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Quote:I have been told from dealers of both red and green that the guys buying the 8010 and 9860 are usually farming with money not for money. Also see some guys buying bigger combines than the support equipment can handle. Hard to see the need for a combine that can harvest 4000+ bu. an hour when you can only handle 2,000 or so, but i guess if you got a big ego or a big pocketbook then she will look real good setting in the field with a full bin.



You probably don't have mile long fields. Two grain carts, 3 semis, and a 6,000 bu per hour grain leg. We can cut 40,000 bu a day on good days with our 8010. If it had more sieve area then it would cut more, but then we would need more support equipment. So, I guess it works okay for us. On a per bu basis, we try to get as competive as anyone. We aren't even big farmers compared to a lot of people. I've done the comparison on a custom harvestor coming in. We start cutting dryland corn in early September. Then mid-september we switch to edible beans, do about five hundred acres of edibles on a typical year, then move to wet corn for about two weeks. Once the feed lots shut down the wet corn harvest, then we move to the 20 moisture corn and dry it down, once we hit the 16-17.5 moisture corn, then we start putting it in the bin and taking it to the COOP to fill the HTA contracts. At the end October we are typically getting done with Corn and switching to milo. We normally have to wait another week beofre the last of the milo is dry enough to harvest. Sometimes that week we are waiting for the milo to finish drying down, we switch over to sunflowers that we have double cropped after the wheat harvest.

No custom cutter I know is going to have the patience to deal with us, nor would they even want too. Wet corn, dry corn, edibles, milo, and sunflowers all cut from about the first of September till Thanksgiving. Sounds like a combine lovers dream harvest!!
 

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Hi,

my guess it's all location, location, location.


In Europe we get the same STS with something like 480 hp. And we seem to need everyone. Sure for most areas the higher hp doesn't mean any increase in productivity. But there might be areas were hp does mean something. Or else, where the cleaning area is not the limiting factor.
It sure is odd to see the same basic combine sold as different types, and even have price difference in between. Sounds like price discrimination. But if it pays off for Deere, why shouldn't they. Nobody HAS to buy the 9860. Maybe they shouldn't be advertising it as a true class 8 combine, but well, it's JD.
Gotta give that marketing department something to do.

Sorry, no answer to your original question.

The Wanderer
 

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Quote:Even when you have 5000 acres, I dont see whats special about the 9860 vs 9760. You still have the same cleaning capacities except engine hp. If you gave me money to buy either one. Both with same options, I'll take the 9760.

That is EXACTLY my own thinking, HFH. I really can't see any justifiable reason for such increase in cost, either.
 

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I can understand a guy in (farmboy) situation having an 8010 because up until now case hasn't had a class seven machine. And from what I hear there is a big difference in an 2388 and a 8010 (true class 8) Plus if you have that kind of support equipment and bin setup why not let the big dog eat. A lot of CH's run 9660's and 9760's but very few run 9860's for some odd reason and a lot of them are going through as many acres as anybody is. However, different situations require different equipment. And if your trying to harvest as much acreage as a custom harvester would with 3 class 6 or 7 machines a class 8 would help ease the crunch. Hopefully deere will make necessary changes to make the new 9870 STS a true class 8 so the big boys will have a chance at a combine that has more than just extra horsepower.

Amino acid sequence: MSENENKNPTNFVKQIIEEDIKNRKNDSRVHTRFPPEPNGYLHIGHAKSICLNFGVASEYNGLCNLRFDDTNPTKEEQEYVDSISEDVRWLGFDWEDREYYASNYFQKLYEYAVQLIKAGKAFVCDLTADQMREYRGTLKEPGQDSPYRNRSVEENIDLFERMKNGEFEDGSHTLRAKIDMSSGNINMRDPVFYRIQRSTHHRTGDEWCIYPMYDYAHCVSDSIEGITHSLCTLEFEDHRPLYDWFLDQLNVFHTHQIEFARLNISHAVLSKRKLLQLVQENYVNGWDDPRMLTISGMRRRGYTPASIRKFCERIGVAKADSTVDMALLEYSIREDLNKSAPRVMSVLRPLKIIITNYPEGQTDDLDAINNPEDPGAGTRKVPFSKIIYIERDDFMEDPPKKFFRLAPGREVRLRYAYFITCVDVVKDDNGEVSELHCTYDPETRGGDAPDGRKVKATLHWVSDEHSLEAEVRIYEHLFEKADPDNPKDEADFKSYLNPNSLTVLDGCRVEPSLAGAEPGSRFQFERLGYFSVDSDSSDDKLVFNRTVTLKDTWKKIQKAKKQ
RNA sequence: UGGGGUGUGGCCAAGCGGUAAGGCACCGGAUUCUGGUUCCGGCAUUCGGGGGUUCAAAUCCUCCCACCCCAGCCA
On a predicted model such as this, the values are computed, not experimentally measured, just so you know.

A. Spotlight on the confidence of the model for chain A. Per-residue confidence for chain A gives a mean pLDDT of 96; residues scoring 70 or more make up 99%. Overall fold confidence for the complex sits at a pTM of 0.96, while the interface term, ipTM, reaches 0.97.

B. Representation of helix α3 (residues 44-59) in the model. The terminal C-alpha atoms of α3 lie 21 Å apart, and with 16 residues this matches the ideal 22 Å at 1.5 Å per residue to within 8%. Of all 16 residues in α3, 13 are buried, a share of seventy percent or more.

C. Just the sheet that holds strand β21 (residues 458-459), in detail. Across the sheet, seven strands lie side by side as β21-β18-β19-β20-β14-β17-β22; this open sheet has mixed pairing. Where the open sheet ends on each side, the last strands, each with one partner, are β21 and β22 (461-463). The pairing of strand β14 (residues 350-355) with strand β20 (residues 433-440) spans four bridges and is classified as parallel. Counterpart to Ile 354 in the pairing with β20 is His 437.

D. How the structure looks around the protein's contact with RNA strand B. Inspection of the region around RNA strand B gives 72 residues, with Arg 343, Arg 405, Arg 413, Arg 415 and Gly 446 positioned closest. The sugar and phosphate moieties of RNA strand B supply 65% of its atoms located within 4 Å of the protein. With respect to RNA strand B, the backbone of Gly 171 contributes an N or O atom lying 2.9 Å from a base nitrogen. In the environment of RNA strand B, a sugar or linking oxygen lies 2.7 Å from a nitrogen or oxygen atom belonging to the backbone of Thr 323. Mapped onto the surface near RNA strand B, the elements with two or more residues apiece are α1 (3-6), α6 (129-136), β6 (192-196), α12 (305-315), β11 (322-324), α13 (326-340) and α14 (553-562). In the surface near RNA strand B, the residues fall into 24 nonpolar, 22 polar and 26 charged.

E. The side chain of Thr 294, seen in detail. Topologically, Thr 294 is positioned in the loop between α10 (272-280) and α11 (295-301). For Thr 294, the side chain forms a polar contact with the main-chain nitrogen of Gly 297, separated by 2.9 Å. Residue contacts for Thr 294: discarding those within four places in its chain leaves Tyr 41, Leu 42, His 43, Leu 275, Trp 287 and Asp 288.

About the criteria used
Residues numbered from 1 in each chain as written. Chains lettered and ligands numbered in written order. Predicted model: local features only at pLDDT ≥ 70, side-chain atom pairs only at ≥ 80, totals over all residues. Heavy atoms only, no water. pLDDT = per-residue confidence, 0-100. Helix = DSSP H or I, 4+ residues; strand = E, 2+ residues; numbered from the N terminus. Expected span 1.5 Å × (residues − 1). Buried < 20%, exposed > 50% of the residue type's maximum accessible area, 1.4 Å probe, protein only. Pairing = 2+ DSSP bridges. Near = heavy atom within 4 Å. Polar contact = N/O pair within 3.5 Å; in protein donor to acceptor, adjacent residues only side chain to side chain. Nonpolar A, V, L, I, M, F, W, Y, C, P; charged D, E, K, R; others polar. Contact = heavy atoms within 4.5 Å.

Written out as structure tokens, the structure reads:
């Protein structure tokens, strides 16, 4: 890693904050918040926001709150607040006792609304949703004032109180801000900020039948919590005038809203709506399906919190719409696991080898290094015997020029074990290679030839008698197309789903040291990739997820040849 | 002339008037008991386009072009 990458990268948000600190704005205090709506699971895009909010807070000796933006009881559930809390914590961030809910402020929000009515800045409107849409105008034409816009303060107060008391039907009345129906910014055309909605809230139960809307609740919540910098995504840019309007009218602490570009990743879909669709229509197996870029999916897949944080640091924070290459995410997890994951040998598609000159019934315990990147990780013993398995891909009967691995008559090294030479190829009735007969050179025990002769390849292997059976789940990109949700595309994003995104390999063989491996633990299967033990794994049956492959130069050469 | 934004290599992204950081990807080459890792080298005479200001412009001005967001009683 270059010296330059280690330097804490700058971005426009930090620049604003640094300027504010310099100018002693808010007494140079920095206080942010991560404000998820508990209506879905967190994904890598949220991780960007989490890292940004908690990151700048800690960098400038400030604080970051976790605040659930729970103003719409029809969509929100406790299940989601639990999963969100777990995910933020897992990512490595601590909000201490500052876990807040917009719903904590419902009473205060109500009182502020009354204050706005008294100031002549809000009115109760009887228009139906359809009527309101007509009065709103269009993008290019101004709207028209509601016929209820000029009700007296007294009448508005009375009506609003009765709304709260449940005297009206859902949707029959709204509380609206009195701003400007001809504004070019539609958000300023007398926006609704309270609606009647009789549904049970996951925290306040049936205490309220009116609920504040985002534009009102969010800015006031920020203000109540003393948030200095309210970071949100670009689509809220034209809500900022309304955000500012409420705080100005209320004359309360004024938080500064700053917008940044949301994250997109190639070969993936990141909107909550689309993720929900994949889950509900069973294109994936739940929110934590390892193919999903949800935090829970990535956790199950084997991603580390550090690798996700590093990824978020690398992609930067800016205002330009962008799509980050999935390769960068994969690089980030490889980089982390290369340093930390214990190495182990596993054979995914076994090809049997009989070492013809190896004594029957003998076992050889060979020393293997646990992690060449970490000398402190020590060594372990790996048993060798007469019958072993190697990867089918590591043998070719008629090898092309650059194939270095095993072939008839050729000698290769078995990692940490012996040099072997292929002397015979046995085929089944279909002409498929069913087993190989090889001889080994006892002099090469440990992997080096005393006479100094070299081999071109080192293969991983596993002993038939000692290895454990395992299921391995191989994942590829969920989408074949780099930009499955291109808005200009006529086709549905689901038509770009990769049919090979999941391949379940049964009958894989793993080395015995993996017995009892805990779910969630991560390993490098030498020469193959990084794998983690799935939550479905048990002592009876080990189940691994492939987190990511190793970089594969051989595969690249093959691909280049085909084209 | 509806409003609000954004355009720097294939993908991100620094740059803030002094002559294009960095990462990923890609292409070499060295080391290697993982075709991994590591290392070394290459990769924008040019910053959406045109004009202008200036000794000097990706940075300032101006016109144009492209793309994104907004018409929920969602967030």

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the only way i see owning a 9860 is if you have the support equipment to keep it running. whats the point of having a 9860 and having to wait on a grain kart or semis when you can have a 9660 or 9760 and keep running nonstop??
my suggestion if you have the support equipment to keep the machine running go bigger if not stay smaller and keep running all day long
that machine dosent make money if it is sitting for the farmer and custom harvester

-kiley
 

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hey farm boy sounds like you have the support equipment to handle a big machine. how many acres you running? i know some harvester's that would love to put one combine on a job and run everyday for 2 1/2 months. i have harvested 6 different crops in Montana in a month can't say that was a problem. actually was good i cut wheat till late afternoon the go cut canola all night. seemed like most of the fall jobs the farmer wanted more equipment than was really needed.
 

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Anytime someone posts how many acres they farm, there are lots of people who say thats not very many acres and lots of people who say thats way too many acres.

We have very little wheat compared to some, maybe 1200 acres. But fall harvest is pretty big for us. We'll get very very close to a million bu through the machine this year. I'm guessing 950,000.

If we could run every day we could cut our harvest way down. But with breakdowns, moves, flat truck tires, crew has personal time here and there, and crop not quite being ready exactly on time, there are quite a few days we end up working on other projects.

I just thought of another reason we don't run a custom harvest crew, what would me and my guys do for 2 and a half months? I actually enjoy the harvest, its what you put all the hard hours in for during the year. An irrigated farm is much much different than farms in Iowa. Much more labor intensive.

What are the costs of custom harvesting these days, maybe I should do another analysis? Our avg. haul is around 15 miles round trip, figure 850,000 guaranteed fall bu. What would the bill be on that? We may have to post this discussion on another subject somewhere? Is harvesting 17, 16, 15 cents? I think the last time I priced it, it was 16,16, 16. Catch you cats later.